Wednesday, April 13, 2011

The Land that Claims Me

Tomorrow is departure day for my first tour. Of course, I ought to be in bed, but I feel the need to stay awake and procrastinate, like a mud-hungry boy on the eve of his first camping trip (with real fire). In the preparation though, unexpected beauty has hit me like a long-forgotten embrace.

I've been reading a lot of women lately: Kathleen Norris, Madeleine L'Engle, Anne Lamott. Add to that a handful of men whose writing is not particularly masculine. I don't say this is a bad thing. Nor do I say that I can pinpoint exactly what it is in writing that evokes masculinity or womanliness. I am beginning to sense that the world behind "...in His own Image...male and female created He them," is wider and more mysterious than we often credit. Chesterton said that it might take a person a hundred readings for his eyes to be opened to the meaning of what he was reading. Perhaps I am on my ninety-ninth.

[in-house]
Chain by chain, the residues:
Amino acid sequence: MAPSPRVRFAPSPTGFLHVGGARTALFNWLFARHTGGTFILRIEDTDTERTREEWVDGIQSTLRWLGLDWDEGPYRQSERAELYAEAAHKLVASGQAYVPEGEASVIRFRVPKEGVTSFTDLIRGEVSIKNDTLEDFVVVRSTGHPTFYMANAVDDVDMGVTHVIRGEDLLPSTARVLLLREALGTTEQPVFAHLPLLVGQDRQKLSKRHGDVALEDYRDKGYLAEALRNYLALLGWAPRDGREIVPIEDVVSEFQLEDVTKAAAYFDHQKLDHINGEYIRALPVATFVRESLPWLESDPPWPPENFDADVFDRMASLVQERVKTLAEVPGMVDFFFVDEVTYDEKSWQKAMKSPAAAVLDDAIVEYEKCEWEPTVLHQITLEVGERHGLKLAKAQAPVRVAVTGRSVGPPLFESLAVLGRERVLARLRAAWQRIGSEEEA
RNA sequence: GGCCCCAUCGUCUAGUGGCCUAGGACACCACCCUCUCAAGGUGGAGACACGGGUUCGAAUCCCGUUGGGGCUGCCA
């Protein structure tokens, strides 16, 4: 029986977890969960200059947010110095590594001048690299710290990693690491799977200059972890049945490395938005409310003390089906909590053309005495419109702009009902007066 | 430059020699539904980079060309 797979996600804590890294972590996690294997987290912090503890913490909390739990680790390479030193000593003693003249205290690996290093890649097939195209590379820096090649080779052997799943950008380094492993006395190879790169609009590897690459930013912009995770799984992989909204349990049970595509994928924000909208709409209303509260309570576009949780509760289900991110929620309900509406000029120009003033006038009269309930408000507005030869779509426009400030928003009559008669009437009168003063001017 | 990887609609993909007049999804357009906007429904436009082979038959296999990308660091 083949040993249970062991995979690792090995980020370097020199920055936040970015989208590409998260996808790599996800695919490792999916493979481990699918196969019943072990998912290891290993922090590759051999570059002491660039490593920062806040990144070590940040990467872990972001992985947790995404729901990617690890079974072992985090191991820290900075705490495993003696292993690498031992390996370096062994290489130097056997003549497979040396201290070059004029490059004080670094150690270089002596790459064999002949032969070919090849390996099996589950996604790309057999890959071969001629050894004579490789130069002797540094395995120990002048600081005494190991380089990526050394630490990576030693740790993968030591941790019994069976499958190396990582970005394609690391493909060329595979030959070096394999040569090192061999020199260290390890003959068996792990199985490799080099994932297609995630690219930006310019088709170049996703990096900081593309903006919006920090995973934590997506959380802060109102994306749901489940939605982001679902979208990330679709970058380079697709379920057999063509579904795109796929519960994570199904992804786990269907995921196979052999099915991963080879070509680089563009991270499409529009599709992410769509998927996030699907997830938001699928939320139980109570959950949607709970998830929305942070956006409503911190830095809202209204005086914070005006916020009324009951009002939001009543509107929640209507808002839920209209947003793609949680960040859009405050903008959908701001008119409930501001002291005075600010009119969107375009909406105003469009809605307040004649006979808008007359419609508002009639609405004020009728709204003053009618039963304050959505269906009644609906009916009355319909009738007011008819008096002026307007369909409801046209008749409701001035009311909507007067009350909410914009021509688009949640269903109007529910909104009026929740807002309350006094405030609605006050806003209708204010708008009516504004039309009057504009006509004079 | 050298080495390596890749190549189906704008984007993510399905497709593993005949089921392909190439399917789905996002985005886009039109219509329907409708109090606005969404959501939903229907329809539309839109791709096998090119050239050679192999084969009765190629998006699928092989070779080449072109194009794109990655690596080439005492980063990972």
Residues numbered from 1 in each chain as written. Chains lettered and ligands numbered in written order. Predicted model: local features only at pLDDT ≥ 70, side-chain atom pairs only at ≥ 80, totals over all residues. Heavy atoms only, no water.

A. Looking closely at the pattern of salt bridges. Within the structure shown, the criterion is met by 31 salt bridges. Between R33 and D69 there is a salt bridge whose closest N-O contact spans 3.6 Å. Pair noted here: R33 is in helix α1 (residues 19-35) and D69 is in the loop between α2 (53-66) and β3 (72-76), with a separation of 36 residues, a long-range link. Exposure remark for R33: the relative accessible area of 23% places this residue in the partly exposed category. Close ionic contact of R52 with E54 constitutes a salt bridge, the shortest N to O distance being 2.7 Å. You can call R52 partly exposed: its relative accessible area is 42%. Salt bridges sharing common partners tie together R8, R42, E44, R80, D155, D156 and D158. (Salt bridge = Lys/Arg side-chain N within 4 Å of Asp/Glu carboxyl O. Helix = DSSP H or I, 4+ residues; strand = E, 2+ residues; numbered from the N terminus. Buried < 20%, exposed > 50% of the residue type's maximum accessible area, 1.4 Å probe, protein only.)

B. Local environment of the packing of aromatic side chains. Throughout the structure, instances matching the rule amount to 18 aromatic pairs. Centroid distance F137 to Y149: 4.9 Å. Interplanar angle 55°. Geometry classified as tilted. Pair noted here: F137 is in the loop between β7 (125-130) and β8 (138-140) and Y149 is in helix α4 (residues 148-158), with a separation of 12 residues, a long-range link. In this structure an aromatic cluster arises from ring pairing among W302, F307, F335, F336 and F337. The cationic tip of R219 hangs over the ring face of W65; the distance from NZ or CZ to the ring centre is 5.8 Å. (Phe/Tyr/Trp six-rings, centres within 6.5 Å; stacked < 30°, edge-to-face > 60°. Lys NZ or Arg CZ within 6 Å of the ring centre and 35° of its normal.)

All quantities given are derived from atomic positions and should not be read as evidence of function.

I have long been infatuated with the idea of going to Scotland. That is to say, permanently. It represents to me both an adventure and a homecoming to the peaty soil that claims the bones of my ancestors. Its forlorn beauty and miles of windswept moor, its wise and mighty shoulders of metamorphic rock bound in grass and furze, its lonely bird-haunted coast, they all speak to the poet in me like a liturgy. Dig deep, wrestle in the wilderness, the Spirit is like a wind coming and going. I can't deny the restlessness in me that is always looking outward, always feeling my heart sigh with the sound of every airplane, pregnant with possibility. I have friends over the Atlantic, true, and I always long to see them and kiss their faces and laugh at their jokes, but I'm not even sure if it's them I'm truly after. There are many longings, woven into a humanly inseparable tapestry of desire to pack up my girls and head across the sea.